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Fresh data from the American Cancer Society show colon cancer is now the leading cause of cancer deaths in men under the age of 50. Among women under age 50, colon cancer is second only to breast cancer. Not so long ago, colon cancer ranked fourth in that age group.
While the numbers of cases are still relatively small, looking at those statistics, the question practically jumps out of the page: What the heck is going on? We don’t yet have a clear answer. But a raft of plausible theories must be aggressively investigated. And in the meantime, we should focus on what can be done to reverse this worrisome trend.
The rising rate of early-onset cancer is occurring most prominently in the colon, although doctors also note subtle increases in tumors of the appendix, bile duct and pancreas. Those locations indicate a list of possible culprits, from the sudden rise in obesity to our sedentary lifestyle to the introduction of processed food. But researchers just don’t know.
So far, most of what we know is what’s not happening. There doesn’t seem to be a rise in genetically linked cancer. While younger colon cancer patients have certain distinct characteristics—just over half go to their doctor because they have rectal bleeding and their tumors are more often on the left side—their cancers seem to have the same rate of mutations as cancers occurring in older people.
Unraveling what’s driving the increased rates of colon cancer in younger people is a gargantuan task. It requires considering the major behavioral, lifestyle and environmental changes that occurred as cancer rates rose, seemingly starting with people born in the late 1970s and early 1980s.
Researchers will have sift through everything that could influence someone’s health: their dietary habits, whether they were breastfed, how often they took antibiotics as a child, what other medicines they’ve taken—the list goes on.
“I can’t even remember what I had for dinner last night, and we’re asking people to remember what they ate when they were 5 years old,” says Christopher Lieu, co-director of GI Medical Oncology at the University of Colorado Cancer Center. Researchers can try to mine data from previous longitudinal studies, such as the Nurses’ Health Study, but that still can have limitations. It will take years to untangle the various risk factors.
Rates of obesity in the US began their precipitous rise during the mid-1970s and early 1980s, so that’s one obvious suspect. Studies show that obesity is a risk factor for colon cancer in general, and for early-onset colon cancer among women.
Researchers attribute rising obesity rates in the UK to a predicted 39% increase in colorectal cancer deaths among women under the age of 50, compared to 2019 levels. But it’s still unclear whether the extra weight is what’s causing these earlier tumors or just correlated with them. In fact, specialists who treat these early-onset patients say they often see people who aren’t overweight—in fact, some are training for marathons or eating plant-based diets when their symptoms appear.
The gut microbiome—the complex network of bacteria, fungi and viruses that help us digest food—is also of particular interest. A growing body of research suggests that people with early-onset colon cancer have differences in the composition of microbes residing in their intestines, as well as differences in how those bugs interact with their host.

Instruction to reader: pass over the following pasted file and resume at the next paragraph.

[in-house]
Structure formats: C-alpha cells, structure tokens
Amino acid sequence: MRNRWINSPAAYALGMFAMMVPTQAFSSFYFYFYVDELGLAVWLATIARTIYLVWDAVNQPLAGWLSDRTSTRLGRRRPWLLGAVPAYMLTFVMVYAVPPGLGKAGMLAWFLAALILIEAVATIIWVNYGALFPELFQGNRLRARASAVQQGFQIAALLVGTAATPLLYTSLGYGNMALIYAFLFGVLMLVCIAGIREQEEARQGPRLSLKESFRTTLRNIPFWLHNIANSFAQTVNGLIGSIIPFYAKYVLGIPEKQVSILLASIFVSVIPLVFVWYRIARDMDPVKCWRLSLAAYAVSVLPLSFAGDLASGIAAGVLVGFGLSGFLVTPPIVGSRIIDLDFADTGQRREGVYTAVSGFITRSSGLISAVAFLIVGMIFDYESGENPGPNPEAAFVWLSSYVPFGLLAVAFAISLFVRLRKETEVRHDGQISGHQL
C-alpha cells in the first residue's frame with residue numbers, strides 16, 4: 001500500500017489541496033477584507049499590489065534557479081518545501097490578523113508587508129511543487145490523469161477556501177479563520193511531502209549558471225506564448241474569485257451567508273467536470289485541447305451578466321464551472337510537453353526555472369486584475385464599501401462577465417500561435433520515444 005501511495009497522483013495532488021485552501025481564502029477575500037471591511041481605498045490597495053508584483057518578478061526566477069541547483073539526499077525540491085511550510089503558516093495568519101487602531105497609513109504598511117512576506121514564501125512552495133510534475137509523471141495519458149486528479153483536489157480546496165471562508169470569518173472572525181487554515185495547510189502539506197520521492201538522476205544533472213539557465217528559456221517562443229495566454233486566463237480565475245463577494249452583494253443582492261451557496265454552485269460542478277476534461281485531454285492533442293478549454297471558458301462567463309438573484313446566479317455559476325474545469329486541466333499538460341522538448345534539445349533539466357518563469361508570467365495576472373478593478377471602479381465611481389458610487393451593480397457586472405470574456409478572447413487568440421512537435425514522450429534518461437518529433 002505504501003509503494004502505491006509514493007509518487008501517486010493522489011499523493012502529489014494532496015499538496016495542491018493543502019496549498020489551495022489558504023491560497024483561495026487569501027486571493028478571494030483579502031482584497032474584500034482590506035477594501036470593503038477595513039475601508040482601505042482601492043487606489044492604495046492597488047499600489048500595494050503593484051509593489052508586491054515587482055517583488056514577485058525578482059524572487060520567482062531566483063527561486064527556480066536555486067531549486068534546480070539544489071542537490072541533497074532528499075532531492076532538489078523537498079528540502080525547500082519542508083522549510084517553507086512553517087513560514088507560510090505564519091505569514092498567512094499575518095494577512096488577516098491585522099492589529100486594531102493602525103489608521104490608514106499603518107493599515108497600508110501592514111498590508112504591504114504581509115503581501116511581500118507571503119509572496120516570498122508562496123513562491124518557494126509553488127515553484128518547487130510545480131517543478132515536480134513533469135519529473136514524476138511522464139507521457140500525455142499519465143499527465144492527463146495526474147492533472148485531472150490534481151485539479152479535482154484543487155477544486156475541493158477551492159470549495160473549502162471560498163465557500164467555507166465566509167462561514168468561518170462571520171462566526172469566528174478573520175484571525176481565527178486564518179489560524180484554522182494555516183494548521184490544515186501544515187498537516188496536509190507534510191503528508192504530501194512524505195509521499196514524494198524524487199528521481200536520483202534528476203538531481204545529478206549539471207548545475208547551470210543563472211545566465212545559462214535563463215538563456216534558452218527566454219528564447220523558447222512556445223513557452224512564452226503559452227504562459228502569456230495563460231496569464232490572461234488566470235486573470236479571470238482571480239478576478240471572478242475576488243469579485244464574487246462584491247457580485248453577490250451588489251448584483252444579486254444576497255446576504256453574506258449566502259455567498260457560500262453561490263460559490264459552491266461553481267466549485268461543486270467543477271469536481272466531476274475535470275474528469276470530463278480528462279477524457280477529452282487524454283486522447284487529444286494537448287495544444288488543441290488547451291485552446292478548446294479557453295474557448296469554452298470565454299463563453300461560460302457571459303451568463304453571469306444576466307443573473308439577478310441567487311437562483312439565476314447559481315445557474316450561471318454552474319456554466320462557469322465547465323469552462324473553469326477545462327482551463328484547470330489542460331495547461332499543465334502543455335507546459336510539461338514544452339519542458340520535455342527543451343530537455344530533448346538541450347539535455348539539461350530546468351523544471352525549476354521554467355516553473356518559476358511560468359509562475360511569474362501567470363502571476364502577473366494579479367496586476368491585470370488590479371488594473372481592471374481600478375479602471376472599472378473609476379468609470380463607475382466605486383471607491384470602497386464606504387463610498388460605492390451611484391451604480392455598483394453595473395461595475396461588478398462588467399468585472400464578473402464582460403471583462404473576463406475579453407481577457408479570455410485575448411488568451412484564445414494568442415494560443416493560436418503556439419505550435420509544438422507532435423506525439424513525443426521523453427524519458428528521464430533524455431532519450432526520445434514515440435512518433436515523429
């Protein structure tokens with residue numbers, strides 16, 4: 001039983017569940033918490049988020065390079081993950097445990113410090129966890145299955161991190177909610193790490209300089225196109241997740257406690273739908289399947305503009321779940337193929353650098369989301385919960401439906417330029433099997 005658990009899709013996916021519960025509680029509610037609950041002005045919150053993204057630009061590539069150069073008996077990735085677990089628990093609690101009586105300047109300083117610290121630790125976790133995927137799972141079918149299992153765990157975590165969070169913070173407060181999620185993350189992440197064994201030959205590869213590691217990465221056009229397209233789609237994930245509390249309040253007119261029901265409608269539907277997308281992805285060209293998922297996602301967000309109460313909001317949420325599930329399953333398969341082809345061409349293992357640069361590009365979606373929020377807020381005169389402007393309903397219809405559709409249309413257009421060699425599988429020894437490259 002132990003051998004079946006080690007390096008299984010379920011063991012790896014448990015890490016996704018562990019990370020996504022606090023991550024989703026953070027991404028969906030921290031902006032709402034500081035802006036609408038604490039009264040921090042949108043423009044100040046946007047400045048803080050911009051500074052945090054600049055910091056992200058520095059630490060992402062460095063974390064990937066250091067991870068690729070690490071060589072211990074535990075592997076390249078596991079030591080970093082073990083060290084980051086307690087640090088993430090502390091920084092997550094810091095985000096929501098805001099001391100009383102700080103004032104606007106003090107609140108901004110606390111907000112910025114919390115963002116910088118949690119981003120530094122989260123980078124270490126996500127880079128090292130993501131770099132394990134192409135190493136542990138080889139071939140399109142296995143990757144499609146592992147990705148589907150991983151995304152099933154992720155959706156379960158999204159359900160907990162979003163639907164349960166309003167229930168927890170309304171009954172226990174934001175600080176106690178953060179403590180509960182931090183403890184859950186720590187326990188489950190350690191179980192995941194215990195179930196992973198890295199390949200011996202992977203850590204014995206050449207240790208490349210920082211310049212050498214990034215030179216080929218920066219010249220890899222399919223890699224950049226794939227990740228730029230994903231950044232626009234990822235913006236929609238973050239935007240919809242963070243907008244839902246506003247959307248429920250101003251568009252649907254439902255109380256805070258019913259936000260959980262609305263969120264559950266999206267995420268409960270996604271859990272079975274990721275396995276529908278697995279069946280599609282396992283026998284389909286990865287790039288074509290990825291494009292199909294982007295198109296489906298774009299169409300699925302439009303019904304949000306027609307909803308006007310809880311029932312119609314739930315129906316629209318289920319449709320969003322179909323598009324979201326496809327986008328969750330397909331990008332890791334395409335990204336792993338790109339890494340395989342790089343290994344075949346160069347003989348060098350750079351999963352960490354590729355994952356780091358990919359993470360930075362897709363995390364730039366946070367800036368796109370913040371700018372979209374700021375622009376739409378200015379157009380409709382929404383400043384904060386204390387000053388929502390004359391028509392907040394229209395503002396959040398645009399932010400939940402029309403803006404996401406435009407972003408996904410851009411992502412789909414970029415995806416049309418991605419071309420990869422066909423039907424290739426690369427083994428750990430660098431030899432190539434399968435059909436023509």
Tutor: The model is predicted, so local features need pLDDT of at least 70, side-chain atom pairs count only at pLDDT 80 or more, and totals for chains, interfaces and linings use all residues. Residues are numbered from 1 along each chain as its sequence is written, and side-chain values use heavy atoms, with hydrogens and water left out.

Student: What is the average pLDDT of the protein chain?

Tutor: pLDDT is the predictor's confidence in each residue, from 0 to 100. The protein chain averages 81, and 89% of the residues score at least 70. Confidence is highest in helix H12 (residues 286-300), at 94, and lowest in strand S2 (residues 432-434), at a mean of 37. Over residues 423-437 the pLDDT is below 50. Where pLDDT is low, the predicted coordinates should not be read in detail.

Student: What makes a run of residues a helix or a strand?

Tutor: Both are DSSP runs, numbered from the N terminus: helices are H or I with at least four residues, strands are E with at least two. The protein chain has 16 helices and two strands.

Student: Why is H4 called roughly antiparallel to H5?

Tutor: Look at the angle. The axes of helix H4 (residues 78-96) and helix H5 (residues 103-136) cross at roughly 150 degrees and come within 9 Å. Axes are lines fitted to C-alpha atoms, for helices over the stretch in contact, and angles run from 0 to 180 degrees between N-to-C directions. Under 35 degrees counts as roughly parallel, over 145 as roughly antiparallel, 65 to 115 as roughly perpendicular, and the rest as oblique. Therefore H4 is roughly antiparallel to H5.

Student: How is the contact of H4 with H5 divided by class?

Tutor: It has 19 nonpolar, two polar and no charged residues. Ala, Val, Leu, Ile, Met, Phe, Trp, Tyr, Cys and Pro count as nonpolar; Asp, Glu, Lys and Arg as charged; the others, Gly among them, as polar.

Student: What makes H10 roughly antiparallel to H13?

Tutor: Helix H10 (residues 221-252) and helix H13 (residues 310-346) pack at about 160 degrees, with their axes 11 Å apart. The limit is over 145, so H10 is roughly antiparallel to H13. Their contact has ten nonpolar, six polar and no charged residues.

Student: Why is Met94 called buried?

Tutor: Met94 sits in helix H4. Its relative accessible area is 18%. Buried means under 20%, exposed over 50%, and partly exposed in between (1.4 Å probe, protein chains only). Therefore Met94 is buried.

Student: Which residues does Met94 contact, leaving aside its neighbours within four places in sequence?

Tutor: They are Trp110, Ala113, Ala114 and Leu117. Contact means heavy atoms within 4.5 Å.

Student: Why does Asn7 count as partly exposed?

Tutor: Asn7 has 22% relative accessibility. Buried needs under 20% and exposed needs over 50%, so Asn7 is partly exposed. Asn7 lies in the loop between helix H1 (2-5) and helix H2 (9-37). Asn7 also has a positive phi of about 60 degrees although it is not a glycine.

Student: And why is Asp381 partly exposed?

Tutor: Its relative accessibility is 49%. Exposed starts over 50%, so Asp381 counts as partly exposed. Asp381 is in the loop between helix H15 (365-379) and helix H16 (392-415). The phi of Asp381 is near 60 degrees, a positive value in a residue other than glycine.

Even if we never find a single smoking gun to explain the rise in early cancers, we ought to be able establish an evidence-backed list of risk factors. Ideally, some of those would include lifestyle choices that individuals can modify. And such a list would also allow doctors to flag high-risk patients for regular screening at a younger age.
But even without that list of risk factors, there are a few things younger adults can do to feel more in control of their health. Some are the obvious lifestyle changes that can lower your risk of all diseases, including cancer—things like eating more fruits, vegetables and fiber, exercising regularly, maintaining a lower body weight, taking a moderate approach to drinking and eschewing tobacco altogether.
Being proactive about routine care is also critical. When detected early, colon cancer is highly treatable, but too often, younger patients are being diagnosed with later-stage disease. That’s in part because they often ignore symptoms (younger patients often experience abdominal pain, rectal bleeding, anemia or diarrhea) and when they do seek help, those symptoms aren’t taken seriously.
Having a primary care doctor might improve those stats. A 2018 poll from KFF found that 45% of adults under the age of 30 and nearly a third in their 30s and 40s lacked a regular doctor, because, well, they’re young and healthy. But a steady relationship with a doctor makes patients more able to detect a change in symptoms and identify a problem early, Lieu says.
Although the recommended age for colon cancer screening was recently lowered to 45 from 50, doctors aren’t advocating lowering that age further. They instead emphasize that anyone experiencing symptoms should bring them to their doctor—and follow up on suggested tests, even if that can feel daunting. “Just do something,” says Nancy You, leader of the Young-Onset Colorectal Program at MD Anderson. “If it’s too scary to book a colonoscopy, just do a stool test. Something is better than nothing.”
Awareness of the growing problem should prompt people under 50 to pay closer attention to the signals from their bodies—and seek out help early, when colon cancer is still very treatable.
2024 Bloomberg L.P. Distributed by Tribune Content Agency, LLC.
Data show more Millennials and Gen Zers get colon cancer: Is obesity why? (2024, February 5)
retrieved 5 February 2024
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